I'll start by saying that I'm not a psychology major.
The extent of my psychology education goes as far as an introductory course in high school and a semester of interpersonal psychology at the community college as a humanity elective. I would like to think however that the lessons learned in life give me some kind of understanding of the human condition. Not everything can be taught in a classroom and sometimes the most value lessons aren't asked on a test, don't register on a student's GPA, and don't show up on a high school transcript.
Many of the most important lessons in life, I learned on the football field.
The most important ties a person has around himself are the relationships he forms with his peers. These relationships can be deep and profound or as short lived as a transaction at the McDonald's drive through window. A lot of importance in life is based upon how you are perceived by others and the relationships and impressions you form. In my opinion there are few things that are more beneficial to helping you acquire the tools necessary to succeed in life than participating in team sports.
Every day after that final bell sounded at 3:00 I began my lessons. There were classes in teamwork, studies in sportsmanship, workshops in humility, applications in tolerance, studies in self-confidence, classes on class, congregations in camaraderie, days devoted to developing a work ethic, and lectures in goal setting.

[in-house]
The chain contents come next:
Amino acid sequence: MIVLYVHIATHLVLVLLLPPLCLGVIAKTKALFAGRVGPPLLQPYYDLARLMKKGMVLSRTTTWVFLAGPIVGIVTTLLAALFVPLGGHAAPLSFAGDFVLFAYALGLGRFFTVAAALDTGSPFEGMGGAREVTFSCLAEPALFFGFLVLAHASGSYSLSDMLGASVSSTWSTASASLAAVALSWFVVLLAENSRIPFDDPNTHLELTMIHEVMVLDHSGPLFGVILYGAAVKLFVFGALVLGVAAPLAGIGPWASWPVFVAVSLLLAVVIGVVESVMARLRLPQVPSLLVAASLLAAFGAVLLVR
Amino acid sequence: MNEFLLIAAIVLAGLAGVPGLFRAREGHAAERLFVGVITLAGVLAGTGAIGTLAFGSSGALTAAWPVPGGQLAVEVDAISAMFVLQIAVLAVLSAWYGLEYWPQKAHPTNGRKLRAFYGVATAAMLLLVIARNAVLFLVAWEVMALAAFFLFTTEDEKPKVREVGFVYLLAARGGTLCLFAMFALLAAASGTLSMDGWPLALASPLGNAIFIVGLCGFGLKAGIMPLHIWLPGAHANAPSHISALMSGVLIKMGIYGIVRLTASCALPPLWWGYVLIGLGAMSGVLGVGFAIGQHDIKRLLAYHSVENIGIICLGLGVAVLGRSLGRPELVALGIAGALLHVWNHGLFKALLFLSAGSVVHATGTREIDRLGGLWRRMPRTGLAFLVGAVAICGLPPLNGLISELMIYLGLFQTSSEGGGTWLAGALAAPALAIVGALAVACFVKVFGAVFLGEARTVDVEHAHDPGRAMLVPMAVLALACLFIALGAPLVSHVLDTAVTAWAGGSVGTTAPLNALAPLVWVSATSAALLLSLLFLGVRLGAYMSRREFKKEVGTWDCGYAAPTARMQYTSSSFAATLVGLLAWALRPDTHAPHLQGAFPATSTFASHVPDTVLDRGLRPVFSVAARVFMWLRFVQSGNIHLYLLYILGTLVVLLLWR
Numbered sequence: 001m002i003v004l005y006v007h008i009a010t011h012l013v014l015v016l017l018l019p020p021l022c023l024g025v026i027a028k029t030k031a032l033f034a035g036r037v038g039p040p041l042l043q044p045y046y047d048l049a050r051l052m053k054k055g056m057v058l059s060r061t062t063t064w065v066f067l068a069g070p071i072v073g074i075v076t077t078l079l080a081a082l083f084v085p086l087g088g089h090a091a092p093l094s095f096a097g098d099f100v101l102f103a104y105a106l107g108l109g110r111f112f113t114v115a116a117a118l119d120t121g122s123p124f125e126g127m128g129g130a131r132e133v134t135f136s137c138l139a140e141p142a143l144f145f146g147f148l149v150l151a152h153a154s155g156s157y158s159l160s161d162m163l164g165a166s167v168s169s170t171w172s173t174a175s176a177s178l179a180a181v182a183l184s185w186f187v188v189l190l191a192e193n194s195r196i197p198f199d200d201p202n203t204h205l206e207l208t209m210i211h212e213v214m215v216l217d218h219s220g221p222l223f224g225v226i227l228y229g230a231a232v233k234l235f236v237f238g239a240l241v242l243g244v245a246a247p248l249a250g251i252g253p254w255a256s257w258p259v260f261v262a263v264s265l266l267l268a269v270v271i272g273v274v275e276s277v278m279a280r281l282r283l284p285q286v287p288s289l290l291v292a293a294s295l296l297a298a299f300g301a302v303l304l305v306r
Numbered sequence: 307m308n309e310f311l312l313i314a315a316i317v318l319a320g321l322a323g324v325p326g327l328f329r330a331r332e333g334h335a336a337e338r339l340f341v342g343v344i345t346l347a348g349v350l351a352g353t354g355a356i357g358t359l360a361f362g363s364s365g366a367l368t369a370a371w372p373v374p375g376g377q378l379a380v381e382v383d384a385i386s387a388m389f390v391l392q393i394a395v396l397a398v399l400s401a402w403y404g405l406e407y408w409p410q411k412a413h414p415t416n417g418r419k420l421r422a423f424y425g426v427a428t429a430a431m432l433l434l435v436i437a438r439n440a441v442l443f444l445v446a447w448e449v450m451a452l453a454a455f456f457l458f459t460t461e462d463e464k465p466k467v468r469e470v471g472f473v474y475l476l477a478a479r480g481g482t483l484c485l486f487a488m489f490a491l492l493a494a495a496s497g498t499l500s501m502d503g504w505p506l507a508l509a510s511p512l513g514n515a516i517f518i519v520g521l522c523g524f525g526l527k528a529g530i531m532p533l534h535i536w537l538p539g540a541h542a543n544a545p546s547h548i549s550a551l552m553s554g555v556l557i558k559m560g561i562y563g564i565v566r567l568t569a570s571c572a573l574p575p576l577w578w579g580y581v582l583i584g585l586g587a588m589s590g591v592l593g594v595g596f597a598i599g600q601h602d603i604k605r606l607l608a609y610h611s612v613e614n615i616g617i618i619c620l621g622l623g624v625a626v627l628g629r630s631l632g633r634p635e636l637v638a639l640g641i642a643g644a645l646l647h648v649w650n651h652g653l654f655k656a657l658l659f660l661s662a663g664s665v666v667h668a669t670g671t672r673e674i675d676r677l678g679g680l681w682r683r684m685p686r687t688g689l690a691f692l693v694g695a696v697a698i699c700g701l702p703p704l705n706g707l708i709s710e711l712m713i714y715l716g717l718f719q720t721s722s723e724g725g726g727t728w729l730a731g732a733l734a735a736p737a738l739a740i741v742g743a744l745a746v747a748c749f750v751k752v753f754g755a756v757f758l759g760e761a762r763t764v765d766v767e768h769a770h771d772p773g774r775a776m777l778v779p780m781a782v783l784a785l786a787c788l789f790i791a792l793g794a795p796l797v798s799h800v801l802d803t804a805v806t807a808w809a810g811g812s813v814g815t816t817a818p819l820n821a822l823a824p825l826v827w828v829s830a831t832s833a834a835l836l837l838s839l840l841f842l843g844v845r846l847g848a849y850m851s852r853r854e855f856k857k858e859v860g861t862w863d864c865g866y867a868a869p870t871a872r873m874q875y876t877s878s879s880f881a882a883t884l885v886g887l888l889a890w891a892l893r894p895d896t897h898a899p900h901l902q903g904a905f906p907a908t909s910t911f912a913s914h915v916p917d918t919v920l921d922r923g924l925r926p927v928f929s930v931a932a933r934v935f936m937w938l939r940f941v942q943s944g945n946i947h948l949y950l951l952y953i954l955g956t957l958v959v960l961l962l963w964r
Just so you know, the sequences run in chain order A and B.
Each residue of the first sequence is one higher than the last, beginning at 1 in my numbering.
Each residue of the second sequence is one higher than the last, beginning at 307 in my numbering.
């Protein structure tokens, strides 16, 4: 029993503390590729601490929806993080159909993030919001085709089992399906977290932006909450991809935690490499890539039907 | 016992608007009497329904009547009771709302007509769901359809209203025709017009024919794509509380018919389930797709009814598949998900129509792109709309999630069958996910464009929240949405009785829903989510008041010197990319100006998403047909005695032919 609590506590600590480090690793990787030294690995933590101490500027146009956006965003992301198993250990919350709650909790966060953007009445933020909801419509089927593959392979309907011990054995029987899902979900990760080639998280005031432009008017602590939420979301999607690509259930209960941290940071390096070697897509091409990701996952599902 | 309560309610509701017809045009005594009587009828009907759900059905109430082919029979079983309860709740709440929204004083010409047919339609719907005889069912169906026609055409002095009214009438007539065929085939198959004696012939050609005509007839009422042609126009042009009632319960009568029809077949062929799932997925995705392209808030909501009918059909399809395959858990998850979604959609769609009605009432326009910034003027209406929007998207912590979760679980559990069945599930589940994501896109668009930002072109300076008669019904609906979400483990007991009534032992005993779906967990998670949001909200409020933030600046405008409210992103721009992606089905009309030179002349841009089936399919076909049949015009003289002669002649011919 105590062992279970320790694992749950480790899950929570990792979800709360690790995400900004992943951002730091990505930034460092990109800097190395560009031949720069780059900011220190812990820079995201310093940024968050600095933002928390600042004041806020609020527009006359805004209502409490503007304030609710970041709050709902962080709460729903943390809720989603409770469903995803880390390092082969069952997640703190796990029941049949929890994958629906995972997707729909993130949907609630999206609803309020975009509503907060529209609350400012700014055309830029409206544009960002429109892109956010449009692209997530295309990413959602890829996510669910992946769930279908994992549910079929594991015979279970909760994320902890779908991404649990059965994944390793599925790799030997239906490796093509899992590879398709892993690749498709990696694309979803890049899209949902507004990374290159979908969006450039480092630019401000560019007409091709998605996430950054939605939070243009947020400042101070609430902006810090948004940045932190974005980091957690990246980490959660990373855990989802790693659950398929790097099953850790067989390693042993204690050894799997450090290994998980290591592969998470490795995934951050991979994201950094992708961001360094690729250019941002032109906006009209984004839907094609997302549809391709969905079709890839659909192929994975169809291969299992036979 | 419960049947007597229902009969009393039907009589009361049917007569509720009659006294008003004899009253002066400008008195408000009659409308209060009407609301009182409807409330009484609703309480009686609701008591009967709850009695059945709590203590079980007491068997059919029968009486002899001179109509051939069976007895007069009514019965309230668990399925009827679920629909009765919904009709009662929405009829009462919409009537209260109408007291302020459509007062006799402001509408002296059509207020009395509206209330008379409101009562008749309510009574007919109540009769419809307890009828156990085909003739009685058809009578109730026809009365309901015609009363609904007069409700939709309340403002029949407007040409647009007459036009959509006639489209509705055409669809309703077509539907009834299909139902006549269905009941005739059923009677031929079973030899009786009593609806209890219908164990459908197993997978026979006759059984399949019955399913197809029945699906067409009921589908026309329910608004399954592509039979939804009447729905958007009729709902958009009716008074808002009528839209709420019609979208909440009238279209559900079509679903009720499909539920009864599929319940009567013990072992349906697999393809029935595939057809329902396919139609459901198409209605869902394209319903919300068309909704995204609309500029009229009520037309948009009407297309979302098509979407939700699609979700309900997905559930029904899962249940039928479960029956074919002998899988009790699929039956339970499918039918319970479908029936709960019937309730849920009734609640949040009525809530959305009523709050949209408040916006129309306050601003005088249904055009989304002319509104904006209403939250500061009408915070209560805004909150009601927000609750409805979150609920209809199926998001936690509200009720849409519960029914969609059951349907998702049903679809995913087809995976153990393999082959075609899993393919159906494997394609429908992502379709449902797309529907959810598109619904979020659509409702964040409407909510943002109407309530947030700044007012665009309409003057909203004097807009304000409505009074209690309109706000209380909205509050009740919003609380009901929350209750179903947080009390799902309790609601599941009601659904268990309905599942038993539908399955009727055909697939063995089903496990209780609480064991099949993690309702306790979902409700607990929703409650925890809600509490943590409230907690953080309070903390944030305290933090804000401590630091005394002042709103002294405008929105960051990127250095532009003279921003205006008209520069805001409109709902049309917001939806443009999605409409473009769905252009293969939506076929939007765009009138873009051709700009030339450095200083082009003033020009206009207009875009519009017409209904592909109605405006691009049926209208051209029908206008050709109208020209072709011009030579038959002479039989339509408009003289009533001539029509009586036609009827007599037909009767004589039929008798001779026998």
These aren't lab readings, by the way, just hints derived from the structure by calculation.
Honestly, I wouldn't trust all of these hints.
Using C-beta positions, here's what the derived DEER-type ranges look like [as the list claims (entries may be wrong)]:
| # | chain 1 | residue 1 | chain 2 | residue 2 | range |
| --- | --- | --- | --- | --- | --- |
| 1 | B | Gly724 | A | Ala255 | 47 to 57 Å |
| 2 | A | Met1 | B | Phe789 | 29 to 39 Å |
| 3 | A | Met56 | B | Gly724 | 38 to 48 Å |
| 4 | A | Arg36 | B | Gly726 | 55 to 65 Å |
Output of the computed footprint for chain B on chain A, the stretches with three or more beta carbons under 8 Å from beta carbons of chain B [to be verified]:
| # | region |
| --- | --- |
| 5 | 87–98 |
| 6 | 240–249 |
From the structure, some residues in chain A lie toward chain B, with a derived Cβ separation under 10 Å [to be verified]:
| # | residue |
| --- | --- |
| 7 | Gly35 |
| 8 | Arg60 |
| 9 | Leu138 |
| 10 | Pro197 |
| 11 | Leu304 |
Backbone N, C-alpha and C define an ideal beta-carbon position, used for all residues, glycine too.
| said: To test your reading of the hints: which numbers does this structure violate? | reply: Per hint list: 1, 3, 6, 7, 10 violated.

I never was spectacular at the tangible aspects of the game of football. My blocking techniques left some to be desired. My strength wasn't world class. My body frame wasn't designed to be any more than just average at my position. But in these intangibles, the true vein of high school athletics, I hope that I took something worthwhile from the game.
A man doesn't go into coaching with the intention of just teaching the running back how to hit the hole with a forward lean or the linebacker how to flow with the play and attack the ball carrier with the head across the body. To coach is to provide the tools, the means to be a better individual both on and off the field. Your high school coach didn't get you your job, put perhaps some of those lessons learned aided you in your self-confidence during the interview and that made all the difference. Your coach didn't make you graduate high school or college, but perhaps he inspired you to set that goal and instilled in you the work ethic to make it happen.
Your personality is shaped in your youth by the people you look up to. Not everyone has the perfect family life and role models to look up to and learn from. Kids need role models that can teach them the things in life that are beneficial long after those pads come off for the last time and the cleats are hung up to dry. That is where I think my coaches have helped me the most. Many times I've had someone thank me for being classy, a good sport, and being able to relate to others. There really isn't the need to thank me for things which I can not go without being thankful myself. It all goes back to the days when I wore that #68 jersey and learned all of those valuable lessons. I merely learned what was taught to me. I had good teachers. You can thank them instead.
Thanks to all of the coaches in high school athletics for the sacrifices and dedication in what you do in influencing the lives of so many young men. And for me personally I would like to thank Coach Eddie Buck. I could never drive block that well due to no fault of his own.